TXA205 Exam 3 Material - TXA205 Exam 3 Material Section...

Info iconThis preview shows pages 1–2. Sign up to view the full content.

View Full Document Right Arrow Icon
TXA205 Exam 3 Material Section IV-3: Fancy weaves Fancy weaves: In fancy weaves, the design, texture or pattern is an inherent and permanent part of the fabric’s structure that cannot be removed without destroying the fabric. Printing on fabric is not a fancy weave. o Characteristics of fancy weaves: Attractive Expensive Durability varies ( can be stronger!) Care varies o Dobby weaves Dobby attachment is used to control individual warp yarns and produce small geometric motifs in regular repeats (diamonds, cords, dots, honeycombs, etc.) Identify by small , uniform, geometric woven-in shapes in small repeats -usually one or two colors of yarns form the pattern Fabrics with dobby design tend to be more stable and resilient than other structures of similar type and content (more stable than some basic weaves, like satin) Examples: Bird’s Eye: A small diamond shape filling-float design with a dot in the center that resembles the eye of a bird. Uses include diapers and towels. Huck: Pebbly surface made by filling floats. Mainly used for medical towels (100% cotton) o Jacquard weaves Each warp yarn is independently controlled by computer. Look for large and/or complex design repeats. Small, regular repeats are dobby weave while large repeats or complex designs are jacquard weave. Look for combinations of plain, satin, and twill weave as well as use of a range of colored yarns. Fabrics tend to have floats which provide luster contrasts and increase snagging potential. Not very durable! Not easy to care for! Examples: Damask: Satin floats on a satin background. If the pattern is warp-faced; the ground is filling-faced. ALL satin! Brocade: Satin or twill floats on any background . The floats in the design are often of several colors. Brocatelle: Similar to brocade, except it has a raised pattern Tapestry: Two or more sets of warp and two or more sets of filling yarns. Usually used for upholstery applications o Crape (Crepe, Momie) weaves Look for pebbly surface Varies from fine texture to coarse pebbly surface Drapes softer than plain weaves but with more body than satin of similar yarns Excellent structure for minimizing yarn slippage in low yarn count fabrics. Pretty stable for a lower count fabric. Has the appearance of surface sprinkled with small dots or seeds o Leno weaves The warp yarns do not lie parallel to each other. Warp yarns work in group, usually pairs of two; one yarn of each pair is crossed over the other before the filling yarn is inserted. Warp yarns form figure 8 pattern (not parallel). This creates a lot of holes. Chenille yarns are made from leno fabric Examples: Marquisette Mosquito net o Pile weaves Woven-pile weaves are three-dimensional structures made by weaving an extra set of warp or filling yarns into the ground yarns to make loops or cut ends on the surfaces. Pile comes from Latin word, meaning hair.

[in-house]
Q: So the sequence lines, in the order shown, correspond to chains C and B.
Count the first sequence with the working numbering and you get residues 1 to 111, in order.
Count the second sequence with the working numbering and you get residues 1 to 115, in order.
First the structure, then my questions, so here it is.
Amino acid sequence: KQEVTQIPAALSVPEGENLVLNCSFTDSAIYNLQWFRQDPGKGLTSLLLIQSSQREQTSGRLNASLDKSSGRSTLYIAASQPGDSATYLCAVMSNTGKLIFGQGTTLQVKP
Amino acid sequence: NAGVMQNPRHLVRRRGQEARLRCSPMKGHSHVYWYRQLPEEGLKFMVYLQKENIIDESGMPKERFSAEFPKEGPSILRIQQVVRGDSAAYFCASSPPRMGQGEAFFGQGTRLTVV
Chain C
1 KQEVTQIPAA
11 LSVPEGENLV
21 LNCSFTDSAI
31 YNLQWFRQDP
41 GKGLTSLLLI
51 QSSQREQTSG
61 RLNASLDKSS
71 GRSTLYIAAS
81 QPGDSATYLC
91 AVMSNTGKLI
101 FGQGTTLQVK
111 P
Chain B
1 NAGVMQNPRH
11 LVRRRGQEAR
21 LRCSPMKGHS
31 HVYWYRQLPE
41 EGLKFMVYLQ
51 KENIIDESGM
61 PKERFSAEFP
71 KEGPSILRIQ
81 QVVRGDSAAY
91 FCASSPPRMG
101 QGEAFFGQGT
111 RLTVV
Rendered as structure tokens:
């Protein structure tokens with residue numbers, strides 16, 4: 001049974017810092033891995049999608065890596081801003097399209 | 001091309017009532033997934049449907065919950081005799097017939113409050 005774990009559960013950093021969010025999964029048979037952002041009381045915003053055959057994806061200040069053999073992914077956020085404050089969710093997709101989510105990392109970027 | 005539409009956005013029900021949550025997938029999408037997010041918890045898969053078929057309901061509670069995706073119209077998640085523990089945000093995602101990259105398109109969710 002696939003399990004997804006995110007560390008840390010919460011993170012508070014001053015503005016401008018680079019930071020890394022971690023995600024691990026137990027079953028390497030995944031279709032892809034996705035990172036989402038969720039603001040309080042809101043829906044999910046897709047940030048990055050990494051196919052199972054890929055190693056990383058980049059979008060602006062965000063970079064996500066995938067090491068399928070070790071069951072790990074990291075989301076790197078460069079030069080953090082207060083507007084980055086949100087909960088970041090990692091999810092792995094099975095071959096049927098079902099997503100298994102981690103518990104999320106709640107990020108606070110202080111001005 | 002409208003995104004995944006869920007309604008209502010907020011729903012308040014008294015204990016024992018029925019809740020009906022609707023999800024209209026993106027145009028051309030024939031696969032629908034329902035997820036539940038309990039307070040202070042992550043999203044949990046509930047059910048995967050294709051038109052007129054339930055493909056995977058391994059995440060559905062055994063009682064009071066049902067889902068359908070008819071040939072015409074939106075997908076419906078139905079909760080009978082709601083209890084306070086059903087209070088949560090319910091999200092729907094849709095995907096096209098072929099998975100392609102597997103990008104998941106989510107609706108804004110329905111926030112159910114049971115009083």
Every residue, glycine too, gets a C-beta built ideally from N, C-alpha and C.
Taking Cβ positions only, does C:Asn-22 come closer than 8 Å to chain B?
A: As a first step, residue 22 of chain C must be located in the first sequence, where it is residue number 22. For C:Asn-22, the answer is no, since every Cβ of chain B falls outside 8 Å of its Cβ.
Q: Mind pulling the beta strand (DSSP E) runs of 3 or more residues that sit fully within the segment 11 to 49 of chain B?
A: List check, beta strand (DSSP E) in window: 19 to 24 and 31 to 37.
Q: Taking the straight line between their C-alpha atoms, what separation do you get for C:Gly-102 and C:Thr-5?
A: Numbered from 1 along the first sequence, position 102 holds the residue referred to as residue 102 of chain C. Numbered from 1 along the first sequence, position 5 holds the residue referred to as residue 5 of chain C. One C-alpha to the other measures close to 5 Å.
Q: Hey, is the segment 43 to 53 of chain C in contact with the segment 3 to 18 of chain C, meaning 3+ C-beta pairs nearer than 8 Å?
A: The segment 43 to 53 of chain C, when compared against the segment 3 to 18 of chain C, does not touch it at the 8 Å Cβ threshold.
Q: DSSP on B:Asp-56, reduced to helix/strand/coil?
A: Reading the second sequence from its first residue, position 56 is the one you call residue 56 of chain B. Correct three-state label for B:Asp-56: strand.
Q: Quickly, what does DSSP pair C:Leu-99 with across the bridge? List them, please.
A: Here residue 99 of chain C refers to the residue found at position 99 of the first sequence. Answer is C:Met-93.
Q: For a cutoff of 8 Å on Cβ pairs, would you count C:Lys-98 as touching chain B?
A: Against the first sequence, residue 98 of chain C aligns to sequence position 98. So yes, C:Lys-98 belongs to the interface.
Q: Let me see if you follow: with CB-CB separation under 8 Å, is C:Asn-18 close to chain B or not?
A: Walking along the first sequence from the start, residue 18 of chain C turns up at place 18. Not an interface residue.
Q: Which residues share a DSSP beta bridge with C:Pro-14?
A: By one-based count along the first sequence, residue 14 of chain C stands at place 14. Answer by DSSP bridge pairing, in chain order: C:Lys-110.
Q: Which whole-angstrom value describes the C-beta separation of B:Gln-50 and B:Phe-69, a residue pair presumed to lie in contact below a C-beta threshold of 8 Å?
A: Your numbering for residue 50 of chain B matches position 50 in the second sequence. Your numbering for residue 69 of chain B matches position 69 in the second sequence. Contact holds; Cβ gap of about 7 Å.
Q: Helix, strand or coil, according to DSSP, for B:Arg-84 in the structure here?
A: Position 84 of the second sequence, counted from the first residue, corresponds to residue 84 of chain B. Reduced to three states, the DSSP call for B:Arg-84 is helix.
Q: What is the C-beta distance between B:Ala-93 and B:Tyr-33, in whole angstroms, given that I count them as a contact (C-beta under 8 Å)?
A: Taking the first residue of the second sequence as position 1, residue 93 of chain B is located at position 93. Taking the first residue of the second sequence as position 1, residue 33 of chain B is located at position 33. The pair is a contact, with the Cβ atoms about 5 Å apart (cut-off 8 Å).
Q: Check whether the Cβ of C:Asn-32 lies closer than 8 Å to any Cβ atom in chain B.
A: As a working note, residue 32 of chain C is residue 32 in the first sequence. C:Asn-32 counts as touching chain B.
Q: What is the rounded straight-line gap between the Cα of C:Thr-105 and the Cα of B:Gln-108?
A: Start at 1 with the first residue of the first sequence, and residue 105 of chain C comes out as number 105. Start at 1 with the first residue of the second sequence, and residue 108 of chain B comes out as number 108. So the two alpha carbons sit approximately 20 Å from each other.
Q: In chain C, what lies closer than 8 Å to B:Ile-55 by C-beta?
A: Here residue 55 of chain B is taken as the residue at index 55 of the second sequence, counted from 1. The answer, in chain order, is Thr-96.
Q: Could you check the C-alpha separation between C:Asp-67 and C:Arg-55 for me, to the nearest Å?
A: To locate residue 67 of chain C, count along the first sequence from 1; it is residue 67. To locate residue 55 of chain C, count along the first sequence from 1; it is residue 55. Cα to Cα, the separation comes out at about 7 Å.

Background image of page 1

Info iconThis preview has intentionally blurred sections. Sign up to view the full version.

View Full DocumentRight Arrow Icon
Image of page 2
This is the end of the preview. Sign up to access the rest of the document.

This note was uploaded on 06/19/2008 for the course TXA 205 taught by Professor Craig during the Spring '07 term at University of Texas at Austin.

Page1 / 11

TXA205 Exam 3 Material - TXA205 Exam 3 Material Section...

This preview shows document pages 1 - 2. Sign up to view the full document.

View Full Document Right Arrow Icon
Ask a homework question - tutors are online